The Federal Reserve issues $700B to the US Treasury Congress voted to provide AIG with $160B from the $700B. AIG Paid $90B to the banks.
In an unusual decision, these banks were paid 100 cents on the dollar for their investments. Usually they would be paid pennies on the dollar.
The close relationships between banking executives, the Federal Reserve, the US Treasury, and members of congress - many of whom benefited from this taxpayer funded bailout - gives rise to concerns about the integrity of our financial system.
Banks - Total of $90B from the $160B spent to bailout AIG
These banks are Primary Dealers (investors) in the Federal Reserve. This means these banks make interest on the money that the Treasury borrows from them.
Due to this debt obligation from the Treasury ($700B) to the Fed, each taxpaying American will owe an estimated additional $2,295 + compounded interest.1 Comment »
Normally I wouldn’t even notice this, but I’ve been spending a lot of time on making sure the SSL certs on my sites are good. I just visited http://bankofamerica.com and was trying to log into my account, and was presented with an critical error.
The certificate date appears to be valid, but the non www. version of the URL results in an error. If you put the www. in front, the site works fine. If you check the Certificate Status you see a Expiration date of 12/09 so it seems to still be active, but the URL in the certificate is in fact the www.bankofamerica.com URL. It seems secure based on the actual certificate validation, but to your average user this would cause a great deal of confusion. I wonder how many people type in the domain without the www. in front every day?
This kind of thing can happen from time to time, but usually on a impactful site. I’m surprised VeriSign doesn’t already have a system in place to take care of this, considering the level of security required for Bank of America and other clients they have.If you want to learn more about the security these sites use to manage your information check out Transport Layer Security on wiki.
A 301 redirect of all the non-www. versions of the bankofamerica.com URLs into the www. version.
(example http://bankofamerica.com would automatically reroute you to http://www.bankofamerica.com) would fix the issue. Learn more about canonicalization issues. Side effects of a bad 301 redirect. (based on personal experience.)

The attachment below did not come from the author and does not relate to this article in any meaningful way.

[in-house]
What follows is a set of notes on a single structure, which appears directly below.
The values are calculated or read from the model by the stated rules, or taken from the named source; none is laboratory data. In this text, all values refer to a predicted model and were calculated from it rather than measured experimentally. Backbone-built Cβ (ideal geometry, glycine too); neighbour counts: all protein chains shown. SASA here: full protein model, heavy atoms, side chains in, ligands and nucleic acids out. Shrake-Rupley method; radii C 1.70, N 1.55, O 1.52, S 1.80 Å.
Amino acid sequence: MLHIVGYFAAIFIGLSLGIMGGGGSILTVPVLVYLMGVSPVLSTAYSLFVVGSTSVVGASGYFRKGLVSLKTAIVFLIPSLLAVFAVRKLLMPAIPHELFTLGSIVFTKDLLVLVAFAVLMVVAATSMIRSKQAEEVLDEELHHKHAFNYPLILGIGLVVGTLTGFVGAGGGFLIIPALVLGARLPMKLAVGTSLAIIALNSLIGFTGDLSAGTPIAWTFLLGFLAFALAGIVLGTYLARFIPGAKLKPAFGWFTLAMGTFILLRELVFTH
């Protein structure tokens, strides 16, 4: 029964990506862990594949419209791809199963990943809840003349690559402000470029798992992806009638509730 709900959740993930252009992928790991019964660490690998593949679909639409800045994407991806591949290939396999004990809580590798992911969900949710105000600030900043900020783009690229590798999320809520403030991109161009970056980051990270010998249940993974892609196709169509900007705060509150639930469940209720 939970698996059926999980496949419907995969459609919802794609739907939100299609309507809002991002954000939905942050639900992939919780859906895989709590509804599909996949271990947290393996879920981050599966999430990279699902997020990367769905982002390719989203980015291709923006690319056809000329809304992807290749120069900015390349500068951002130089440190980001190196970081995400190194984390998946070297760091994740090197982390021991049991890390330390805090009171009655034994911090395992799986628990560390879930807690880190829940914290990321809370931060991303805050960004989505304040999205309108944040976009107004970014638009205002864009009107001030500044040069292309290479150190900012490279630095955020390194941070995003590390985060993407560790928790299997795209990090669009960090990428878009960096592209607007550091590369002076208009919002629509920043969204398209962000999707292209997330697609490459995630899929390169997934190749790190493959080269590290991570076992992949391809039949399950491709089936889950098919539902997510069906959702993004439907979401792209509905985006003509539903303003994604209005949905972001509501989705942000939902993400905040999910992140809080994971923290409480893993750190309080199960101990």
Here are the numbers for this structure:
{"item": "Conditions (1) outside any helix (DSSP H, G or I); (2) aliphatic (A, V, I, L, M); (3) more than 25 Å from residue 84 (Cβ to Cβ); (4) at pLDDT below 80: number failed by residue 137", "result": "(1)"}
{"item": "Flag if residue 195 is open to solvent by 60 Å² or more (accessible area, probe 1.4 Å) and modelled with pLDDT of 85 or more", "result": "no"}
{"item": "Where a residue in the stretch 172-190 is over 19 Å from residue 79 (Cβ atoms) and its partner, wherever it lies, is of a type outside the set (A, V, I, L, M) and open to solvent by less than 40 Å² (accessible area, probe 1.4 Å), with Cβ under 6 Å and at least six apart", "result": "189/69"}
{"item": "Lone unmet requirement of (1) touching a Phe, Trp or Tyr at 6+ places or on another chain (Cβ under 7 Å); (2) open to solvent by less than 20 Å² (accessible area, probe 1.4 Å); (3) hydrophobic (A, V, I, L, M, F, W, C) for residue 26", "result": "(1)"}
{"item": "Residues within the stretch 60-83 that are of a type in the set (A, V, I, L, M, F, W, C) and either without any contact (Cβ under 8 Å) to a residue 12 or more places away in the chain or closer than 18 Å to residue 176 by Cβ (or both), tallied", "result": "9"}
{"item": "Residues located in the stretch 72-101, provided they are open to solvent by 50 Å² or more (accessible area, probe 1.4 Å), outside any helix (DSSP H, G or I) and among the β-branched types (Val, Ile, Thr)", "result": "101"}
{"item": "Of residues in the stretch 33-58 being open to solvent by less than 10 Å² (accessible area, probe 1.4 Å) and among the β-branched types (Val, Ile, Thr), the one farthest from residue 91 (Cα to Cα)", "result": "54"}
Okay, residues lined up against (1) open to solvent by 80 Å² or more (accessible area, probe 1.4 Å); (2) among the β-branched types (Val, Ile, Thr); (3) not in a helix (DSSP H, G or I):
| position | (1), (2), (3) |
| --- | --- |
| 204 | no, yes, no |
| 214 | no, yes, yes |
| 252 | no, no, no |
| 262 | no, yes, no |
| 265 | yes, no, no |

I’m sending an email to BoA to let them know (probably just a link to this story) so if you have any thoughts feel free to leave a comment.
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So you’ve heard the hype on going green, wouldn’t you like to know how the internet fits into the big picture of saving energy? Every time you search Google you could power an 11-watt light bulb for an hour… Think that’s bad? Wait until you put that into perspective including sites like YouTube and every other bandwidth hog on the web…70 Comments »
The internet and the environment directly affect each other and most of us don’t even realize it. The servers responsible for the internet as we know it put off massive amounts of heat, and with the overall climate changes and heat on the rise, what are the possible implications? Well let me tell you… Read the rest of this entry »No Comments »
I was interviewed at SMX and it went live on YOUMoz last Friday. Figured I would link over to it, maybe someone wants to see my nerdy pictures.
“Tyler Shears is a bright search marketer working at Databanq, which specializes in the financial services game. We met at SMX West after my local panel (on which note you should read this fresh, enlightening, and generally awesome interview with Brian Gil of Yahoo, who was a co-panelist), which was great because I don’t often get to meet people in search who aren’t really active in the blogosphere. Tyler and I did an interview by email, and he was kind enough to share insights on the hyper-competitive space that is financial services (which comprises credit cards, loans, mortgages, and any kind of financing/line of credit you can imagine). Enjoy :).”
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We’re making some modifications so some things are moving around, others are not complete. We are doing this in our spare time, so just hang tight!1 Comment »